The US$2 drop per gallon would give the average consumer an extra $100 in their pockets. This adds up to US$5,000 per year.

Using MPC models, economists expected that the extra cash would translate into more spending which would boost the economy.

These MPC models were the basis for the Fed’s rosy 2015 growth forecasts.

Then a funny thing happened. Everyday Americans did not act like consumer robots. They did not do what the economists expected.

Consumers were getting the extra money, but they weren’t spending it. They were paying off debt and adding to savings. In technical terms, consumers were deleveraging their personal balance sheets.

Data in the chart below shoes that retail sales plunged from November 2014 to February 2015.

Source: FRED

This is not encouraging for Fed policy makers.

One-by-one their favourite models are crashing and burning. Quantitative easing (QE) was supposed to create a ‘wealth effect’ through higher stock and home prices. The theory was that people would ‘feel richer’ because of the paper gains and would then spend more. That wealth effect never materialised.

When it comes to models, the Fed’s theme song should be Queen’s, Another One Bites the Dust. It turns out that people are not the robots Fed economists imagined them to be.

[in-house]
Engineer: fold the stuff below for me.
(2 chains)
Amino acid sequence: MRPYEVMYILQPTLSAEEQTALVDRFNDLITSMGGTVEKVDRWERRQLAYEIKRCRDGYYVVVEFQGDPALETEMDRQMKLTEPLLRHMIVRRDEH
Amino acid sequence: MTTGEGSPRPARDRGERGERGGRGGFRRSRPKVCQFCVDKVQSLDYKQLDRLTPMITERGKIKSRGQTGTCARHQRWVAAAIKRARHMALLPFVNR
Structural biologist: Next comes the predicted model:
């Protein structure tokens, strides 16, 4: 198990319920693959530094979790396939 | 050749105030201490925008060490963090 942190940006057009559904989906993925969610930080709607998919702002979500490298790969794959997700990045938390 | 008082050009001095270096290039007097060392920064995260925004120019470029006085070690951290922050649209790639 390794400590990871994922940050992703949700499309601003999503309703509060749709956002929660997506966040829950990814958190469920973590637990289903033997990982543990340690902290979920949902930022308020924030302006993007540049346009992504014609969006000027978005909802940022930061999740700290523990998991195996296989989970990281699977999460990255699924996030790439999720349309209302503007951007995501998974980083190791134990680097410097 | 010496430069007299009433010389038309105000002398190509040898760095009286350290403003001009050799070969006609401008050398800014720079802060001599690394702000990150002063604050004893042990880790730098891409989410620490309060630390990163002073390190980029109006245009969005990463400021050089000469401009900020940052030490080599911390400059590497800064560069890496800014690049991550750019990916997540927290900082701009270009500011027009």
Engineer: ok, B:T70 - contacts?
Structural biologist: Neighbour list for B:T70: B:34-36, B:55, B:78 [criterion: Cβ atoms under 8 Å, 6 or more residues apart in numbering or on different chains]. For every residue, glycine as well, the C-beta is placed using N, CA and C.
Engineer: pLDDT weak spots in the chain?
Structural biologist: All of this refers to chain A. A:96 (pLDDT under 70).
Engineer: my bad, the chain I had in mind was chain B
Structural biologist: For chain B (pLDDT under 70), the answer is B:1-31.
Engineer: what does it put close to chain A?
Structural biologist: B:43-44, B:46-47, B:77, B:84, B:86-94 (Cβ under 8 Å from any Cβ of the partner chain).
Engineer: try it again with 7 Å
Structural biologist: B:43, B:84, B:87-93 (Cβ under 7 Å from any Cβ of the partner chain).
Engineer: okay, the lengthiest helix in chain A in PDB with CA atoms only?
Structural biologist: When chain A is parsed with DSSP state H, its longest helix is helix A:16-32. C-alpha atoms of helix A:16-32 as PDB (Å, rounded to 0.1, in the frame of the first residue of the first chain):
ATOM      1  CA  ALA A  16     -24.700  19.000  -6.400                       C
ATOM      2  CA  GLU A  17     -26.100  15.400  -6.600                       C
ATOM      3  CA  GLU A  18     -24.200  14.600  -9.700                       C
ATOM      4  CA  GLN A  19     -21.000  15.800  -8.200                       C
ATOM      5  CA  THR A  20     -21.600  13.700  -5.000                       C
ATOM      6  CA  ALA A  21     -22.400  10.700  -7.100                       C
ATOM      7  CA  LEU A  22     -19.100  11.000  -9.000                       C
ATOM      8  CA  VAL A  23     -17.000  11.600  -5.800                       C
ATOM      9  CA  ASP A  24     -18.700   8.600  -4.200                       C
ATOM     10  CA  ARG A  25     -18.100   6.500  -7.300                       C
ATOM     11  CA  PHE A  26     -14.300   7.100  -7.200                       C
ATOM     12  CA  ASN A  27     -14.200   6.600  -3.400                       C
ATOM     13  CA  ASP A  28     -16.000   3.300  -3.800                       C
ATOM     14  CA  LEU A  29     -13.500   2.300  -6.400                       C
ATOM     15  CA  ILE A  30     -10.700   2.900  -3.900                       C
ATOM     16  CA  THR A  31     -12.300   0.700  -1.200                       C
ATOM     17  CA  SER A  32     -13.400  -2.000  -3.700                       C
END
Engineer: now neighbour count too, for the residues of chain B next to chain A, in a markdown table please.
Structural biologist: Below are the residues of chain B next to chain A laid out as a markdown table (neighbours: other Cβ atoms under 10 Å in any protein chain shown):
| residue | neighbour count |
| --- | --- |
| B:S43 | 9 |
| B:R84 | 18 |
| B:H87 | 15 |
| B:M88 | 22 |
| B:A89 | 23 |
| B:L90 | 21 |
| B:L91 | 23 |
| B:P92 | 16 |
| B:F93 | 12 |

People have real concerns and behave in ways that make sense to them. The economy is uncertain, and the wipe-out of 2008 is still fresh in consumer’s minds. In these circumstances, consumers will take prudent actions like saving more and spending less.

There is a model for this behaviour, but it’s not MPC or the wealth effect. The model is the global Great Depression that lasted from 1926 to 1940.

Fed models use regressions of time series that in most cases don’t go back before the 1950s or later. Their models are not behavioural, and do not account for the 1930s. The Fed is slowly waking up to the fact that we are not robots.

Regards,
Jim

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End of day market data

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52-week highs: 27 stocks, including Fisher & Paykel Healthcare Co [ASX:FPH], Onevue Holdings Ltd [ASX:OVH], and The Reject Shop Ltd [ASX:TRS].

52-week lows: 16 stocks, including Boom Logistics Ltd [ASX:BOL], Godfreys Group Ltd [ASX:GFY], and OM Holdings Ltd [ASX:OMH].